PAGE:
On my memorable first visit to this dynamic city last month, I was faced with the near impossible task of digesting all of the above in an unbelievable 3 nights( bearing in mind that we arrived from India in the afternoon on what was classified as Day 1!) It seemed rather unjust to devote such little time to one of the world’s greatest cities, but given that we had precisely 24 days to divide between two great countries France and Spain- our nights were precisely allotted in such a way that we got to explore towns and cities without feeling too rushed. That having being said- we need a holiday to get over this holiday!

A word of advice to those looking to do the same when flying in from India- get plenty of sleep/rest in your flight, you will need all the energy in exploring and absorbing the sights and sounds of Paris!

I am a firm believer of the fact that the best way to explore a city is through foot, giving you enough time to pace yourself and take in the little nuances of a new place.  Somehow the idea of getting on to a Hop On/Hop off bus seemed to put me off as I hate the idea of being looked at by locals as- “Here goes the tourists in their flashy red buses, tour guides and digital cameras!” I was soon to discover, however, that due to my limited French conversational skills and obviously large digital SLR, I would be labeled a tourist anyway- so much for trying to mingle with the locals!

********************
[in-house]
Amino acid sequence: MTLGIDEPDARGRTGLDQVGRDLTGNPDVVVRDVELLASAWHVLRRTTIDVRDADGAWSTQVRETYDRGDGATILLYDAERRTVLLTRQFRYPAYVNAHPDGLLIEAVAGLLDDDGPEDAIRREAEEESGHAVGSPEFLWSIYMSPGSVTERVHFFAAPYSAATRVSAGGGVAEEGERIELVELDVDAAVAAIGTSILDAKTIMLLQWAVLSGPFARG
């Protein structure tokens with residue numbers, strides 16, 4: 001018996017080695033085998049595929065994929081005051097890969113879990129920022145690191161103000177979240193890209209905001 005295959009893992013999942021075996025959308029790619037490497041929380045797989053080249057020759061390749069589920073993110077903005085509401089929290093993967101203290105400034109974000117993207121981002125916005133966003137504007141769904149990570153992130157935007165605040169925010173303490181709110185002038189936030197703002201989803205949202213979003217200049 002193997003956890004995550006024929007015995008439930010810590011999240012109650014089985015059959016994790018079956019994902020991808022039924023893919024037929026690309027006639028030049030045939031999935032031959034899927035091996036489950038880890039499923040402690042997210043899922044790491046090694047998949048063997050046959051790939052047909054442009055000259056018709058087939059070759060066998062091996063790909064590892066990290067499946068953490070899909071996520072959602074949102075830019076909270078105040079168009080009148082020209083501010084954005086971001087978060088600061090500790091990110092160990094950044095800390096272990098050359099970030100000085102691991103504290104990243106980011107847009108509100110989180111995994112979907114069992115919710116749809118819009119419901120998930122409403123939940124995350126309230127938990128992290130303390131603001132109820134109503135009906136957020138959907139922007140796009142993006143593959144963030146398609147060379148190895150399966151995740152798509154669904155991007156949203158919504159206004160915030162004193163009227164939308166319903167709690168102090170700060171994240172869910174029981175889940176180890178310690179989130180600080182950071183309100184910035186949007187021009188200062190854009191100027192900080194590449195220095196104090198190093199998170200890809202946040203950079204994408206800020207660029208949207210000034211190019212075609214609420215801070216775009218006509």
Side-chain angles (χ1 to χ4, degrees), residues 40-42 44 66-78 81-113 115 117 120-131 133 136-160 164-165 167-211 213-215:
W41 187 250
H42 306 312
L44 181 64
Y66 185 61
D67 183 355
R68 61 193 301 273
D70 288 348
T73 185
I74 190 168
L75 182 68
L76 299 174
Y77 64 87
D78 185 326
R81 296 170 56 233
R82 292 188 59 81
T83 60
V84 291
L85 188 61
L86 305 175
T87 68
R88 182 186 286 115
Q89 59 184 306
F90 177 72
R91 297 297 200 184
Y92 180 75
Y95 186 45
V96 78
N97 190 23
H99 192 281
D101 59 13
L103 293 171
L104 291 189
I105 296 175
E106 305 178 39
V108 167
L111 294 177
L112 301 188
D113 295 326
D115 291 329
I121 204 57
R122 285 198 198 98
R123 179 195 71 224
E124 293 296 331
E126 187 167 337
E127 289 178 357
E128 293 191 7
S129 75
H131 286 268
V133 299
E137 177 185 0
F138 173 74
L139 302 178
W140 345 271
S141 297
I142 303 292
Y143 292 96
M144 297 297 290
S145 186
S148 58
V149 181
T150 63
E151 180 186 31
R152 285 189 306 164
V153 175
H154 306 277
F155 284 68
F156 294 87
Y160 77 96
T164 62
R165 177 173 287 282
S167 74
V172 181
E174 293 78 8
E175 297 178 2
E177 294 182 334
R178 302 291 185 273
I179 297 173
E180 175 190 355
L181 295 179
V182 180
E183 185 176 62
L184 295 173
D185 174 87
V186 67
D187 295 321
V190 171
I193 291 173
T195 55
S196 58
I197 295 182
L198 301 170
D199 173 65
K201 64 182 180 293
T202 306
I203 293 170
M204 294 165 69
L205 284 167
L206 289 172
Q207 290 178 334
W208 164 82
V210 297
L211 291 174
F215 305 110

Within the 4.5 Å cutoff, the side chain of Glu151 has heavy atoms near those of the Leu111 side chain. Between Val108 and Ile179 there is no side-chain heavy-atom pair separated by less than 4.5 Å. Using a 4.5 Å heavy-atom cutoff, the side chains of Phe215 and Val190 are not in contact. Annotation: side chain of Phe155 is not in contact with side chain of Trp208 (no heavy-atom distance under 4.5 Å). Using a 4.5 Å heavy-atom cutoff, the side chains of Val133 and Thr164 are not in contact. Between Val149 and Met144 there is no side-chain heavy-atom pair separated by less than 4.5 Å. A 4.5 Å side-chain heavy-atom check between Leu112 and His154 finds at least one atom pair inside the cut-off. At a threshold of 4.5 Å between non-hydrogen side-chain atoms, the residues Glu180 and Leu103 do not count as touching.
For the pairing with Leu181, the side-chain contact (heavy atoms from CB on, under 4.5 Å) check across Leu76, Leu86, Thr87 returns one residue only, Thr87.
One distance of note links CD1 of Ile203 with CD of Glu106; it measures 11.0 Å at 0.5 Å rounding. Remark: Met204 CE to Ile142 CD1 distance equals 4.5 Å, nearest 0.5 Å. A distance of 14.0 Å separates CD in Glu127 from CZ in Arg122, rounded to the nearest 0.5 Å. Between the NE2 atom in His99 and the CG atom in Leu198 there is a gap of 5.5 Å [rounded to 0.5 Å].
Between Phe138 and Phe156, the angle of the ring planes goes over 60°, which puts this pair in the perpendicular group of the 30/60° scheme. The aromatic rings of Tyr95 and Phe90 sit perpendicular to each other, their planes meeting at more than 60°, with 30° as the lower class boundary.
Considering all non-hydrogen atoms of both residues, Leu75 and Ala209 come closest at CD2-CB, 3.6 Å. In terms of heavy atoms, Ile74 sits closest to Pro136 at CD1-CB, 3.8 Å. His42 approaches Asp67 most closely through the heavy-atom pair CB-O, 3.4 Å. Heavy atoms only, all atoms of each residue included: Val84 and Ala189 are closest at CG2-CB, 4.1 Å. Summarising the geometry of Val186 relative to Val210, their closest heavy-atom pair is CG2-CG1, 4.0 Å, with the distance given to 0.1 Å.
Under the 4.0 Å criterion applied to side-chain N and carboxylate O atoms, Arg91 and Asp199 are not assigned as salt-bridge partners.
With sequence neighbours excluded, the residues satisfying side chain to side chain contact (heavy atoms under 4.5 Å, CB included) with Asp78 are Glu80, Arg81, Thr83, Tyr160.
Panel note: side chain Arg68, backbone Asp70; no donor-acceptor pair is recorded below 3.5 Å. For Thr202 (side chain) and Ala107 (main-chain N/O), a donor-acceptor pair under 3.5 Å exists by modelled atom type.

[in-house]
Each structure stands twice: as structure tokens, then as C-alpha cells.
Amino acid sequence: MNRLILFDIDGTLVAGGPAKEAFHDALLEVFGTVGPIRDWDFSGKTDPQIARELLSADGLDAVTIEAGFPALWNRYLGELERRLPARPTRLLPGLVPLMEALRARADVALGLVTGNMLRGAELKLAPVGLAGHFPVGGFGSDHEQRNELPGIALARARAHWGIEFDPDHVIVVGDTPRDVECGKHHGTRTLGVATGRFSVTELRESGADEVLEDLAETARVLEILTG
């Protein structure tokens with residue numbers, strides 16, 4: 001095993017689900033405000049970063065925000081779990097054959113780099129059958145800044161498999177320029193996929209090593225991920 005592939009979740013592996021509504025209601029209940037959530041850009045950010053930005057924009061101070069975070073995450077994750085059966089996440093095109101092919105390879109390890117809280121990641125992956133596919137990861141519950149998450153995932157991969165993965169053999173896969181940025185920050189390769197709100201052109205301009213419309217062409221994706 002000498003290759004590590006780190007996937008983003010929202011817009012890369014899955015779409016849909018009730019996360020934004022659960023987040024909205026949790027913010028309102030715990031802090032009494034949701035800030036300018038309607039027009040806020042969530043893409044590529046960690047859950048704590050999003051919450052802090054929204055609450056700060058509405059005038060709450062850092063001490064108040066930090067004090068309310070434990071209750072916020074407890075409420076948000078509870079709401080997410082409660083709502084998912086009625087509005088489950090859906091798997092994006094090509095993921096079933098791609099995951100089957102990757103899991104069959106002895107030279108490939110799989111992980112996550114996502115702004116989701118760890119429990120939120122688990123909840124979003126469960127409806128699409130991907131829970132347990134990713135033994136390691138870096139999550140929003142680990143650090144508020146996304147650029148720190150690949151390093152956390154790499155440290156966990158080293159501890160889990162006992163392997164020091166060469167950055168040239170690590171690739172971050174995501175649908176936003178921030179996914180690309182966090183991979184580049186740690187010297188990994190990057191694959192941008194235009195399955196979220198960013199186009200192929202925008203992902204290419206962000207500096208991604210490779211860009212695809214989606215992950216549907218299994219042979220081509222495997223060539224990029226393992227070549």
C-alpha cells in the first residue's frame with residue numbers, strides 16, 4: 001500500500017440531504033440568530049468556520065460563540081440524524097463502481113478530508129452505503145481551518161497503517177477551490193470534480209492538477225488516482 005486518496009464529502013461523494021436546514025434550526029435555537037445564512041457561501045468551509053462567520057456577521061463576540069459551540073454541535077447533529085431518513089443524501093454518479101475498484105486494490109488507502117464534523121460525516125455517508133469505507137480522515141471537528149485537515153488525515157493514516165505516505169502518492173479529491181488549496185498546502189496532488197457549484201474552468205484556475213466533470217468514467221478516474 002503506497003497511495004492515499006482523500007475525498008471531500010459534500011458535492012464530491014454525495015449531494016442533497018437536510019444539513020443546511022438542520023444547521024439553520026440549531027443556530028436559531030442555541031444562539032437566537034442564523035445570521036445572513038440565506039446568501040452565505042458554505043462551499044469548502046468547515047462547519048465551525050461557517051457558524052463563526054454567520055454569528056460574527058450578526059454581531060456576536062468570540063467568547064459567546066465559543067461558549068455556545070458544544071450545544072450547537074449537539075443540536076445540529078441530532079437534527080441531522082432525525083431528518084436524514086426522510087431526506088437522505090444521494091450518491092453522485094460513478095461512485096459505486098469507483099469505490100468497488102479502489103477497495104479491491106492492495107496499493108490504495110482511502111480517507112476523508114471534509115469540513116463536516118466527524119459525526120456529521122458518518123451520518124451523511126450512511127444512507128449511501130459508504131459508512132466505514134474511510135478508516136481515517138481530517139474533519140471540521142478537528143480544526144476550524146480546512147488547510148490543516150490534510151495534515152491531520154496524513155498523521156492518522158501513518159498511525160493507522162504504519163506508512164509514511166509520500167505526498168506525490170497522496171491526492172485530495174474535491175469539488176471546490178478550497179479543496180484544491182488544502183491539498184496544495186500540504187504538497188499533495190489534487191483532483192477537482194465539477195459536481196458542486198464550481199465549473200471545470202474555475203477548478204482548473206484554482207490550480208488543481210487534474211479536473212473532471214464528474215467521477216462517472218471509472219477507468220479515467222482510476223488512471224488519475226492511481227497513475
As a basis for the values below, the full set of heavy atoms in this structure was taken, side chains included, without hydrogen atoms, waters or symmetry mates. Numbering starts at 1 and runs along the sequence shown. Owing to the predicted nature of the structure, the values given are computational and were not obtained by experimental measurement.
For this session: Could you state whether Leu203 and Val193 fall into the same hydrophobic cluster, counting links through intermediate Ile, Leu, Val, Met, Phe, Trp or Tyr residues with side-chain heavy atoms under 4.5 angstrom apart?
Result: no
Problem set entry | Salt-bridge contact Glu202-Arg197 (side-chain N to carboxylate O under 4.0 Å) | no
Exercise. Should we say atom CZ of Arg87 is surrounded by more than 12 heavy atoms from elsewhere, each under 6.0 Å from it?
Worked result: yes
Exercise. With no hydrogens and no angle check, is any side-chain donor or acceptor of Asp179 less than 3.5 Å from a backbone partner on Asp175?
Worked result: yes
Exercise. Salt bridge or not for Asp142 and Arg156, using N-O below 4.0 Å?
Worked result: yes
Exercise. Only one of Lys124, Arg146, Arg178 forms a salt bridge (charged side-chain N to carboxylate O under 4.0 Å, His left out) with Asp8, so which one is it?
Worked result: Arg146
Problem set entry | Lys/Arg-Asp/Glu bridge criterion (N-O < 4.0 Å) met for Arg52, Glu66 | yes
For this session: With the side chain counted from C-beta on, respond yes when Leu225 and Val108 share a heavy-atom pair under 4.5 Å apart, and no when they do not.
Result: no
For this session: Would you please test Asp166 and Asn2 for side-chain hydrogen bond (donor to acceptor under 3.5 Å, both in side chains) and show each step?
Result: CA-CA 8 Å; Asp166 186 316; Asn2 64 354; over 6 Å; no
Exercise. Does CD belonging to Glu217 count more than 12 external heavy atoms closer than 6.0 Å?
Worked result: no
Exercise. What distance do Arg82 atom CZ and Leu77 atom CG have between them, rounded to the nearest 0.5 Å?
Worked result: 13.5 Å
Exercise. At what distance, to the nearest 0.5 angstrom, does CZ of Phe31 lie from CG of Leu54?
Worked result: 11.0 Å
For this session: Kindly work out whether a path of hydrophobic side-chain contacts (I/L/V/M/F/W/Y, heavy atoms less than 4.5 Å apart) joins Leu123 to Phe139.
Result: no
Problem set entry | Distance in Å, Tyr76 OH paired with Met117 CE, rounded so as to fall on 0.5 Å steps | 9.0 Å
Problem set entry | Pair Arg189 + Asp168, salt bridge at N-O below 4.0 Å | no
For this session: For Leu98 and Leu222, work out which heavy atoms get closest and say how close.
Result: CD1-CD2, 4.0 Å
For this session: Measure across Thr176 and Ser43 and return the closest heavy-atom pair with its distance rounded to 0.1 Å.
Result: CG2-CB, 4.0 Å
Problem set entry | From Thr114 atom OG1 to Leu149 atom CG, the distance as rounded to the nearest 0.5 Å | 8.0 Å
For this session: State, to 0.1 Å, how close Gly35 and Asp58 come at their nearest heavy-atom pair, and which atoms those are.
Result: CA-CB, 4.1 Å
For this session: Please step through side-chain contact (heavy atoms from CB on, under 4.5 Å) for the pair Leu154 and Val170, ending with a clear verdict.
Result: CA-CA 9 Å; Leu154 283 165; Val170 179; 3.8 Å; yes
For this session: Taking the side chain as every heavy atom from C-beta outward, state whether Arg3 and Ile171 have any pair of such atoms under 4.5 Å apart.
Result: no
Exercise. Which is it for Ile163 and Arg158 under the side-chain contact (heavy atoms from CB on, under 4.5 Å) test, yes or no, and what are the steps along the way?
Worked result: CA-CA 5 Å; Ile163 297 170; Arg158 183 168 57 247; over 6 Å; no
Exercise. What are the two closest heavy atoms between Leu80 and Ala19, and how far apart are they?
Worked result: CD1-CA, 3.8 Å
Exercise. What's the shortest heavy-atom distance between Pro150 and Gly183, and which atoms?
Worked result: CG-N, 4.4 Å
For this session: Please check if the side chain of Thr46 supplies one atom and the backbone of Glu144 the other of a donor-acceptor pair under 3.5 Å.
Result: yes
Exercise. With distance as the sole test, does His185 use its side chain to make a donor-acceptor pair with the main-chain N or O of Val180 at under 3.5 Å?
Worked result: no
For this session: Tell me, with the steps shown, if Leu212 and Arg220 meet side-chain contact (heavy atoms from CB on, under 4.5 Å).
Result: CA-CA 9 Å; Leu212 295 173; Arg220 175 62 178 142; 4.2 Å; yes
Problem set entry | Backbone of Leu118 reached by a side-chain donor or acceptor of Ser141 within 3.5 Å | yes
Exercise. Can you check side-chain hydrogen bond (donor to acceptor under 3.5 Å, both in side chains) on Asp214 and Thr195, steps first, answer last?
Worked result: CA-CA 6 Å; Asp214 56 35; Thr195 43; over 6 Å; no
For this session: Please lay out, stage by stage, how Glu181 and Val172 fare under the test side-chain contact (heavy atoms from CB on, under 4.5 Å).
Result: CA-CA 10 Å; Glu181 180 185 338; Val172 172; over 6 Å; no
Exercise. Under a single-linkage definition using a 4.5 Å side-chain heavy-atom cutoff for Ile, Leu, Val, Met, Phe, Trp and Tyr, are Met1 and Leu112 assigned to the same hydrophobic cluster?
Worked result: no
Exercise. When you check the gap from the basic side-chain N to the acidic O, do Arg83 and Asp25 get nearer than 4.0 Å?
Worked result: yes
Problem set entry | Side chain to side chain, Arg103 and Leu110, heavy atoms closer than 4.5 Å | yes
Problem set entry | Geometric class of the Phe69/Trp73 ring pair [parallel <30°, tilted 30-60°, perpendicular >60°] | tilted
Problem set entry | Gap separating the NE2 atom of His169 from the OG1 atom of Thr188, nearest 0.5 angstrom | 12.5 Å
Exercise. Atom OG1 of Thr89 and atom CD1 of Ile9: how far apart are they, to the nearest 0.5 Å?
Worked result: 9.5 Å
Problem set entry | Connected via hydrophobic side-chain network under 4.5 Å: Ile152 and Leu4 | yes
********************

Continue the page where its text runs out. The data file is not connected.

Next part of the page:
Having said that I feel better knowing that I explored the city in my own time & way ( which may have possibly been harder) and in the process exploring cafes and patisseries’ frequented by locals( there’s nothing better than steering away from the tourist traps highly recommended by tour guides!) I would like to point out that when I say that we explored the city on foot- we did so the smart way, by taking a metro or bus to the nearest landmark and picking our way from there…. Central Paris is pretty easy to explore and most of the attractions centered along either side of the Seine- the Right bank & Left bank.

DAY 1:
We arrived a little over noon at Charles de Gaulle, we lost a good one hour with immigration and baggage retrieval and by the time we reached our hotel in Place D’Italie it was early evening( 4pm!) It didn’t help that the weather wasn’t any good-a typical Parisian afternoon in September- cloudy and drizzly! But wanting to make the most of our limited time, we freshened up and head out to explore our first sight- the legendary museum of Louvre, containing some of the most important art collections in the world. It makes for an excellent choice on a rainy day as you can spend countless hours marveling at the endless art and sculptures dating back several centuries.
Our hotel room was the size of a matchbox (typical of a hotel in central Paris) however for 70 Euros a night we couldn’t have asked for a better location- a short bus ride lasting up to 10 minutes, passing through up market neighborhoods  on the Left bank of the Seine-Pantheon, Luxemburg gardens and St Michelle(filled lively cafes and shops) The bus makes its final stop on the Pont or bridge where the majestic glass pyramid of the Louvre commands you to enter. People spend days and weeks together at a stretch exploring the massive labyrinth that is Louvre and still not have enough. Unfortunately we did not have the luxury of time and resorted to looking at some of the main attractions in the museum: Venus De Milo, The Seated Scribe(dating back to 2350 BC Egypt),Nike of Samothrace(200BC) Mona Lisa by Leonardo da Vinci, Medieval Moats (original base of the Louvre which was a built as a fortress in 1190to protect Paris from the Vikings) Do be sure to collect a map at the entrance as you could get lost easily, moreover the map lists all the main attractions in each wing. A good 3 hours whizzed by and before we knew it was time for dinner.